Mom while Dad doted on me. For many, many years, I did not understand the dynamics until this week when I read Love & Loyalty: An Immigrant Italian Mom Raising Her Family of Twelve in the Shadow of a Mafia Crime, a true story of growing up Italian, by Josephine B. Pasquarello.
grew up in south, then southwest Philly, the tenth of twelve children of Italian immigrants. When she was six, Michael “Brownie”
Pasquarello, her father, a produce grocer affiliated with the local Mafia, supposedly committed suicide. Or so Romania, her
mother, led her and her siblings to believe. As her mother struggled through near poverty with great determination and fortitude
to keep the family together and raise her children “properly”, Josephine silently lived with the guilt, angst,
and pain of her father’s death for most of her life… Until, during her Uncle George's funeral, she finally learned
Two years ago, after many hours of research and much
soul-searching, Josephine sat down and wrote the story of her courageous mother who fought through her overwhelming grief,
toiling each day to provide a clean home and three meals a day for her bereft family… She writes of her own childhood
and the many daily adventures she had with her four brothers and seven sisters; growing up Italian in a predominately Irish
neighborhood. Learning the lessons of racial prejudice and the kindness of unquestioned acceptance. Having faith in others
and belief in oneself. And, yes, with of these, it is a testament to miracles wrought by love and loyalty.
To say that I enjoyed reading Josephine’s memoirs is an understatement. I was so
totally engrossed in her down-to-earth tell-it-like-it-is(was) fluid writing style, that I did nothing for two days but immerse
myself in her life. Which was both an honor and a pleasure, considering her poignant subject matter. What made the read all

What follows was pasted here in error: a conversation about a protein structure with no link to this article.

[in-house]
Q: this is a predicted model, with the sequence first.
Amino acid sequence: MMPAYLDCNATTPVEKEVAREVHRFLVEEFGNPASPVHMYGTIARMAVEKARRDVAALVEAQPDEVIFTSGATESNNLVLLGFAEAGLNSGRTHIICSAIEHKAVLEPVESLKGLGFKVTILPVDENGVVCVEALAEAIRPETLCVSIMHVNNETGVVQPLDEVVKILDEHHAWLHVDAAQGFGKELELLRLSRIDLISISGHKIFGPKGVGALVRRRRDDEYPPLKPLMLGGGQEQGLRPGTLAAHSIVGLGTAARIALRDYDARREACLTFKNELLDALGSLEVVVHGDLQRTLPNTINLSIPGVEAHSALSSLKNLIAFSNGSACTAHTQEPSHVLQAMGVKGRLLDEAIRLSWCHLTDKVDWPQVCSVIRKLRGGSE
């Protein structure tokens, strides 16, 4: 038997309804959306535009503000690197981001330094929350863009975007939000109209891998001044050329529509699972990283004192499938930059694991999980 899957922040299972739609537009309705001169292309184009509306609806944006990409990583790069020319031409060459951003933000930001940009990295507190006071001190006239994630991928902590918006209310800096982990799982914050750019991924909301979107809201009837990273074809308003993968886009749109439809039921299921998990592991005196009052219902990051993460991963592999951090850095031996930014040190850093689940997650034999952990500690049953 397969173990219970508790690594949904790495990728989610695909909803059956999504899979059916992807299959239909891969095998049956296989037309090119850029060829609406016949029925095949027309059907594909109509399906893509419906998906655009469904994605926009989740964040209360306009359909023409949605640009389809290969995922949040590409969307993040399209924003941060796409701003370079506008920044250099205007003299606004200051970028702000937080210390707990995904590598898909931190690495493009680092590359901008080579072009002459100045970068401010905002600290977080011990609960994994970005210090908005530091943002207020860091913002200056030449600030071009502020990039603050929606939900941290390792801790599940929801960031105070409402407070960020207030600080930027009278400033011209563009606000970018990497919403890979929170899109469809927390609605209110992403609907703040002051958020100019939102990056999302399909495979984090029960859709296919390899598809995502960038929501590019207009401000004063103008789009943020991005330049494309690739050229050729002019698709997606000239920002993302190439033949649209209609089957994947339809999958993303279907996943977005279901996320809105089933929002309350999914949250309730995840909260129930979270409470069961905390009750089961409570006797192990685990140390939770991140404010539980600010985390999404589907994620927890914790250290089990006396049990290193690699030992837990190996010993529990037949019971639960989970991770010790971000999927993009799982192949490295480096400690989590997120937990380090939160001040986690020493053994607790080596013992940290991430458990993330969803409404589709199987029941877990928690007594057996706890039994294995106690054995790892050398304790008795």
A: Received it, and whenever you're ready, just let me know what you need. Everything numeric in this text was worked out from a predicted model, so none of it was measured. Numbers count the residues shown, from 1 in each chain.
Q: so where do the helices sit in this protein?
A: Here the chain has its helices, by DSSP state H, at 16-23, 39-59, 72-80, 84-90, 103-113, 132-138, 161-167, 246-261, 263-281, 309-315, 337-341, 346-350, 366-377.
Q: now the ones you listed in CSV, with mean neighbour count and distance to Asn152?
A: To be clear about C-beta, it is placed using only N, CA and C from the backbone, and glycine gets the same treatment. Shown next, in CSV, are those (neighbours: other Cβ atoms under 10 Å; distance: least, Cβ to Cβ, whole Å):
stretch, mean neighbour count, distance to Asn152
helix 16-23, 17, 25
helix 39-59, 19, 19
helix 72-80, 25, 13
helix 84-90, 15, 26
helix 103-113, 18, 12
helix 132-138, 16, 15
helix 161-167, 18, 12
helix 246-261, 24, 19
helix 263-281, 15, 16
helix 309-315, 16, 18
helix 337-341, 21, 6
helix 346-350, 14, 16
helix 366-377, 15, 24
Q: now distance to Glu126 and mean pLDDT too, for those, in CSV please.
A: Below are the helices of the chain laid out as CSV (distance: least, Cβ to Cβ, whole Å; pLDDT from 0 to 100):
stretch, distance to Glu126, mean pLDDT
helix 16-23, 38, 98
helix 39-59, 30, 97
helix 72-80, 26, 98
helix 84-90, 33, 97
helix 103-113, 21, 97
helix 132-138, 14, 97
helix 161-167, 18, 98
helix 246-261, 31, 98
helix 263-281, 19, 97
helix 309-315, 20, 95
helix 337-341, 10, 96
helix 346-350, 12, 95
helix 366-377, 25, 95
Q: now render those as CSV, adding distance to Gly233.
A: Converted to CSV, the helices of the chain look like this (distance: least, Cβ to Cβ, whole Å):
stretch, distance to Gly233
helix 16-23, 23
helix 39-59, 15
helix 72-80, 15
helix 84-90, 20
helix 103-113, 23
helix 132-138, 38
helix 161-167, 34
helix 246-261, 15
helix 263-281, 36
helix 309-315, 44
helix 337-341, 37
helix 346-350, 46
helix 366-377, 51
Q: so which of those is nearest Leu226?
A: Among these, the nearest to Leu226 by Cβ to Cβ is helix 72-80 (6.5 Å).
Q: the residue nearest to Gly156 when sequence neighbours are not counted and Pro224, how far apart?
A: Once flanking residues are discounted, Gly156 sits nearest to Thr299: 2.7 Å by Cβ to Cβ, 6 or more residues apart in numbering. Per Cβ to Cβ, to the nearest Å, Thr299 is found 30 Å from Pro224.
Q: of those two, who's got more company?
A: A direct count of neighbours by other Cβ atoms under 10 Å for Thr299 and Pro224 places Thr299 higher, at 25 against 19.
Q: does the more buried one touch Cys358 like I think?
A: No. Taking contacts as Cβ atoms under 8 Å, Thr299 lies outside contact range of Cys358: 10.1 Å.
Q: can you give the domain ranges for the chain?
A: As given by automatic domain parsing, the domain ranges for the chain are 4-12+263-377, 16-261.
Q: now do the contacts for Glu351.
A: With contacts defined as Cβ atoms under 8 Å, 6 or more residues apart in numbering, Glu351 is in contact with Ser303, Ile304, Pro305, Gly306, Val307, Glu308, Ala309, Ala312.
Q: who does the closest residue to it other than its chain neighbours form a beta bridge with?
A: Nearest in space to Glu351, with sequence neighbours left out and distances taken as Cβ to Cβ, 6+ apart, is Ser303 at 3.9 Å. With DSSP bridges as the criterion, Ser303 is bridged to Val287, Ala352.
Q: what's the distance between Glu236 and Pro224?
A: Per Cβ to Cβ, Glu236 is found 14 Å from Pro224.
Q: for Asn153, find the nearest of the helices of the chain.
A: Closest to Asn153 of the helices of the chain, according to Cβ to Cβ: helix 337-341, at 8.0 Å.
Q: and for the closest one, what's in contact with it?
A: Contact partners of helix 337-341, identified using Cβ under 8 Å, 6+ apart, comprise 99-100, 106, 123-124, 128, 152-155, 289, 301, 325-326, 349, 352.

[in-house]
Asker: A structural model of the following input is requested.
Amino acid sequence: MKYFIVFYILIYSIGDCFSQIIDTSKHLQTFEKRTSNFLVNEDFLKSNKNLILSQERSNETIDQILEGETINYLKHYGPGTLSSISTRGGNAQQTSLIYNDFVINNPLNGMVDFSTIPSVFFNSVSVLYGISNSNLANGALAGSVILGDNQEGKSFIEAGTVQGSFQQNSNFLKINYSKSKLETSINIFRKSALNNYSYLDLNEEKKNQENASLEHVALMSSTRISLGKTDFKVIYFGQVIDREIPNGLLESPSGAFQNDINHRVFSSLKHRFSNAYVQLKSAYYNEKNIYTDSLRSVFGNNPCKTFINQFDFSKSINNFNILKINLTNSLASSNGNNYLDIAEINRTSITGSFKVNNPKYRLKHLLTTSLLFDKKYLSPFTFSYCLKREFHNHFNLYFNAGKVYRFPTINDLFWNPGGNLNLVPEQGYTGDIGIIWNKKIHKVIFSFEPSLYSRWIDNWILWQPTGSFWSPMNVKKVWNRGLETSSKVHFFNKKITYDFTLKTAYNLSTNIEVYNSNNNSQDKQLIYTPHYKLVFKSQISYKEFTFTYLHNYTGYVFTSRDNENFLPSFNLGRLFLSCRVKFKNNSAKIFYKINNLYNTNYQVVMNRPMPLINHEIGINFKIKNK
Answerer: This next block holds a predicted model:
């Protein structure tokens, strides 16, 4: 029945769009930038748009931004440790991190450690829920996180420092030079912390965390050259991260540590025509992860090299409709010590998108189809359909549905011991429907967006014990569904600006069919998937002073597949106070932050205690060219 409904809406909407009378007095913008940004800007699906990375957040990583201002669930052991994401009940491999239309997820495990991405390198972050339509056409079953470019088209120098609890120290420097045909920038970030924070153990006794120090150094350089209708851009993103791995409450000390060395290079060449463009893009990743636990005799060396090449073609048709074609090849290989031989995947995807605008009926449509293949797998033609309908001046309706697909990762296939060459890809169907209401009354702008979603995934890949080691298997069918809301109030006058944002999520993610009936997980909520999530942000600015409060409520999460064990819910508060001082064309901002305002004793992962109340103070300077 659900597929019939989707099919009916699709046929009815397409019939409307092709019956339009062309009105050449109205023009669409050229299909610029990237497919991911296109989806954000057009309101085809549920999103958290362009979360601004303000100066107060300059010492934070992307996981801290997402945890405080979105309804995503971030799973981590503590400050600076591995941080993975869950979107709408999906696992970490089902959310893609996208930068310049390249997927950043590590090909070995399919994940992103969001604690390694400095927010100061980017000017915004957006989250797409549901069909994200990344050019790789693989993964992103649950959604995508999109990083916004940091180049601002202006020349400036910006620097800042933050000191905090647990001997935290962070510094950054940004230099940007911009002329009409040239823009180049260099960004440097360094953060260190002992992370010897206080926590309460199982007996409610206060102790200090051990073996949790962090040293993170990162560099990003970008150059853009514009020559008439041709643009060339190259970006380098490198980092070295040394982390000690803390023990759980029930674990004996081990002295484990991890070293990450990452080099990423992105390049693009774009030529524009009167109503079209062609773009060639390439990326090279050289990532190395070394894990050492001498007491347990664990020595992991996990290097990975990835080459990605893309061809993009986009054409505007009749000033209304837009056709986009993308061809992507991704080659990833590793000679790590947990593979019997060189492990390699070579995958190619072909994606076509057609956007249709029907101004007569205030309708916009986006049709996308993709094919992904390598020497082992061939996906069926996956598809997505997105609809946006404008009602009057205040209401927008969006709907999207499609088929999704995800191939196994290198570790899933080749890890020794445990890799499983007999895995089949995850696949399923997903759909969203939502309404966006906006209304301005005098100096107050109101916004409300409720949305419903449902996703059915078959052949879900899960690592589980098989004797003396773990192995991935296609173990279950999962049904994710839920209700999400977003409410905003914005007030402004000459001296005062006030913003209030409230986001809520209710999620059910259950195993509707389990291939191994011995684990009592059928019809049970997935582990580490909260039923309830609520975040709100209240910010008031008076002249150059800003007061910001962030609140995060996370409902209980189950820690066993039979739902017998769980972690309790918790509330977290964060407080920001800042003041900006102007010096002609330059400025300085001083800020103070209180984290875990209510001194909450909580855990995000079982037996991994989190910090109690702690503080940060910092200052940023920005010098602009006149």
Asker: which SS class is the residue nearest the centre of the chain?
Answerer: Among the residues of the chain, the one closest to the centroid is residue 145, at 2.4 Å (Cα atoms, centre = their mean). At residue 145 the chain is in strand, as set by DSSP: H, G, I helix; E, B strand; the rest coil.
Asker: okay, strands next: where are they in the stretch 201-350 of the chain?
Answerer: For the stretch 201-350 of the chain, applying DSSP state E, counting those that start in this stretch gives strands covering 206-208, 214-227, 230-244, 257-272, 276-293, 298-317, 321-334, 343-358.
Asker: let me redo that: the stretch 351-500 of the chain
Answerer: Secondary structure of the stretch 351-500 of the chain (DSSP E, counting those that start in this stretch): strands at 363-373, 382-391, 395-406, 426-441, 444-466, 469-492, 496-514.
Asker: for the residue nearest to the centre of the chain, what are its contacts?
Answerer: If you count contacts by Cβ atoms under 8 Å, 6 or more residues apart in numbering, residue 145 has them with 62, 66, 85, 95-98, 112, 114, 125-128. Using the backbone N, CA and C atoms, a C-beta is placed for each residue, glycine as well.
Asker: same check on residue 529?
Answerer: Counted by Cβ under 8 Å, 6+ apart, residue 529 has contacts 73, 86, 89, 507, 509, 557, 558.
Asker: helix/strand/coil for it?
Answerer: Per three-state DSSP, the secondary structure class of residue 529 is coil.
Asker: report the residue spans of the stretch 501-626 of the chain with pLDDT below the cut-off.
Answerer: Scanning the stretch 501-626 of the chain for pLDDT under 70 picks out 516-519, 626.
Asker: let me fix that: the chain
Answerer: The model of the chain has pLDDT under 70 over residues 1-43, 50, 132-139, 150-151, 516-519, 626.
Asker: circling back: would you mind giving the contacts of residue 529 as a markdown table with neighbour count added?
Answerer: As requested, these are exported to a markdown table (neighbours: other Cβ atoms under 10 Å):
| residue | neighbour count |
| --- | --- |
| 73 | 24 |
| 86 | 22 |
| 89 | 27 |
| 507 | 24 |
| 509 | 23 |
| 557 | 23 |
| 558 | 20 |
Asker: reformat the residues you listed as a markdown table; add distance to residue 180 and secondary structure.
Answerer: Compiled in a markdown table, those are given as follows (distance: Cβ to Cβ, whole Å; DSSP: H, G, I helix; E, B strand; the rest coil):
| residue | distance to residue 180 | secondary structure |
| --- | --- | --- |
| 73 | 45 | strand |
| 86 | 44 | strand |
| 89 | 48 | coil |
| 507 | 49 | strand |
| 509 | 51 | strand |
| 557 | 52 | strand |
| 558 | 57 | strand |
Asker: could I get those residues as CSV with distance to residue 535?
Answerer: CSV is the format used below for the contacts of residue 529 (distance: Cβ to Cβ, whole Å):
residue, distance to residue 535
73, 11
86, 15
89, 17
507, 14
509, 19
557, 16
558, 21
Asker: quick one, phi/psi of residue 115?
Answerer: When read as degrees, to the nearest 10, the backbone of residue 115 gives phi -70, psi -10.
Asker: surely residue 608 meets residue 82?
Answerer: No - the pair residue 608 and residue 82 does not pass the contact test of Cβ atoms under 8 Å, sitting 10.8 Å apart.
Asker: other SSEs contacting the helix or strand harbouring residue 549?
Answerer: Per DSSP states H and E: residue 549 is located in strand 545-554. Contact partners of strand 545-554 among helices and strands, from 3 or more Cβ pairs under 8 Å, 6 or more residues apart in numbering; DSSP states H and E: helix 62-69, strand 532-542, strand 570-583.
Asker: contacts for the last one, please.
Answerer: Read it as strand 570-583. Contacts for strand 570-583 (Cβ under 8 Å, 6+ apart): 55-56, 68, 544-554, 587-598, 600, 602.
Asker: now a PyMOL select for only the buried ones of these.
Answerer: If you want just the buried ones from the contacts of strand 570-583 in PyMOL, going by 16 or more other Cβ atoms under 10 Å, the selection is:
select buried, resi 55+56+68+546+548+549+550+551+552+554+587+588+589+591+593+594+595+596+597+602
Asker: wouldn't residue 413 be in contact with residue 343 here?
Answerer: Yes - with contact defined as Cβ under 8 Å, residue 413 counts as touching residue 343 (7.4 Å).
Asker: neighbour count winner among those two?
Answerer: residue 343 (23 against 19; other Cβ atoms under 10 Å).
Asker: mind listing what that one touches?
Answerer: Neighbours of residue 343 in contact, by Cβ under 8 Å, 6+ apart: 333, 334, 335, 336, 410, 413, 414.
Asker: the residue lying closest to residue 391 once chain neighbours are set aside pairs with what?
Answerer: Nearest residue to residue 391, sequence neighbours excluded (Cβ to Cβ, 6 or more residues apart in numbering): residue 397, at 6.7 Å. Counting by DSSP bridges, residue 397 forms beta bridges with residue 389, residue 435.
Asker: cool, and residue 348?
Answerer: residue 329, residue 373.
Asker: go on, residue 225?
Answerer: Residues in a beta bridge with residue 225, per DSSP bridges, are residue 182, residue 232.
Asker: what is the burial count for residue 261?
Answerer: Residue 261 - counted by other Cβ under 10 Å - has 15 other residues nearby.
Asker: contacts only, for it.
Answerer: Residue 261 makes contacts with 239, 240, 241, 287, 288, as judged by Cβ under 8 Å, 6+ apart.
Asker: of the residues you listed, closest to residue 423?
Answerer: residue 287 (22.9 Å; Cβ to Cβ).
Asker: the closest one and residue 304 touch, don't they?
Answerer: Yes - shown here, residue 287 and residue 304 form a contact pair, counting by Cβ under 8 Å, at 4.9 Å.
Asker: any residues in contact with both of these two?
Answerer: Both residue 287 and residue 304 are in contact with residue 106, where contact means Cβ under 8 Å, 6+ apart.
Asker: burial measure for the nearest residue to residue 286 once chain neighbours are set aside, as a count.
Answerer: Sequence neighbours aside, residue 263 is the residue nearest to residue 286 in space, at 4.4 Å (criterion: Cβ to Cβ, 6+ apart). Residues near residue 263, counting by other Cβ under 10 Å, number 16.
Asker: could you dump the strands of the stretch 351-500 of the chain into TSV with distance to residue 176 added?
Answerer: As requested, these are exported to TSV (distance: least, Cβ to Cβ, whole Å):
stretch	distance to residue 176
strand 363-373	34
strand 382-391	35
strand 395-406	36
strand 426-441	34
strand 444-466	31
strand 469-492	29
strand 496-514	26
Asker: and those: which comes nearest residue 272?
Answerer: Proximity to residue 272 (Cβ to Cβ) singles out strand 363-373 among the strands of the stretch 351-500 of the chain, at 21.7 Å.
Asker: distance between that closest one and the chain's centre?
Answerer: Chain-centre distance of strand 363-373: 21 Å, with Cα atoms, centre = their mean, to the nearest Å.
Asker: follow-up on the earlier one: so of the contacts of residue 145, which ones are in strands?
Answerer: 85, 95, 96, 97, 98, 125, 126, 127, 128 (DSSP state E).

the more rewarding was that I had watched a video of Josephine’s presentation at the local Library and was so intrigued by her personality and her story, that I had to contacted her. After a very long phone conversation,
I realized that she was a dear friend I had not known who now graces my life. So, all throughout her book, I heard her voice
reading her insightful and wise words to me.
Now, while Josephine claims Love & Loyalty to be mostly a homage to her heroic
mother (which it, and she, are), it is more of an autobiography with her mother as the main protagonist. It is also, in some
respects, a true-life mystery as Josephine unfolds her father’s true fate. The writing is cleanly crisp and reminiscently
cathartic as the author regales us with poignantly heart-gripping anecdotes, both funny and sad, of the trials and tribulations,
happiness and joys inherent in growing up in the close-knit Pasquarello family. A family whose dynamics, as I said, to which,
because of Josephine’s bold and beautiful book, I can now readily relate. And I hope that you will, too.
Enjoy the read!
J. McInerney, the host of this Literary Blog, is
an author, poet, and librettist. Her currently published works include a novel, a book of spiritual inspirations,
volumes of poetry, stories
for children (of all ages) and
a variety of children's musicals. Her titles include:
Miss Elmira's Secret Treasure:
A Novel of Phoenixville during the Early 1900s
Colonial Theatre: A Novel of Phoenixville
during the Roarin' 20s
Phoenix Hose, Hook & Ladder: A Novel of Phoenixville during
World War I
Columbia Hotel: A Novel of Phoenixville during the Early 1900s
the Schuylkill Monster: A Novel of Phoenixville in 1978
Portrait: A Novel of Phoenxville during World War II
Rainbow in the Sky
Meditations for New Members
of Oreigh Ogglefont
The Basset Chronicles.
Cats of Nine Tales
Water: A Collection of Poems
Exodus Ending: A
Collection of More Spiritual Poems
We Three Kings
Beauty and the Beast
Peter, Wolf, and Red Riding
Originally from the New York metropolitan area, June currently lives near Valley Forge Park in Pennsylvania with her constant and loving companions, FrankieBernard and Sebastian Cat. She
is currently working on her sixth novel.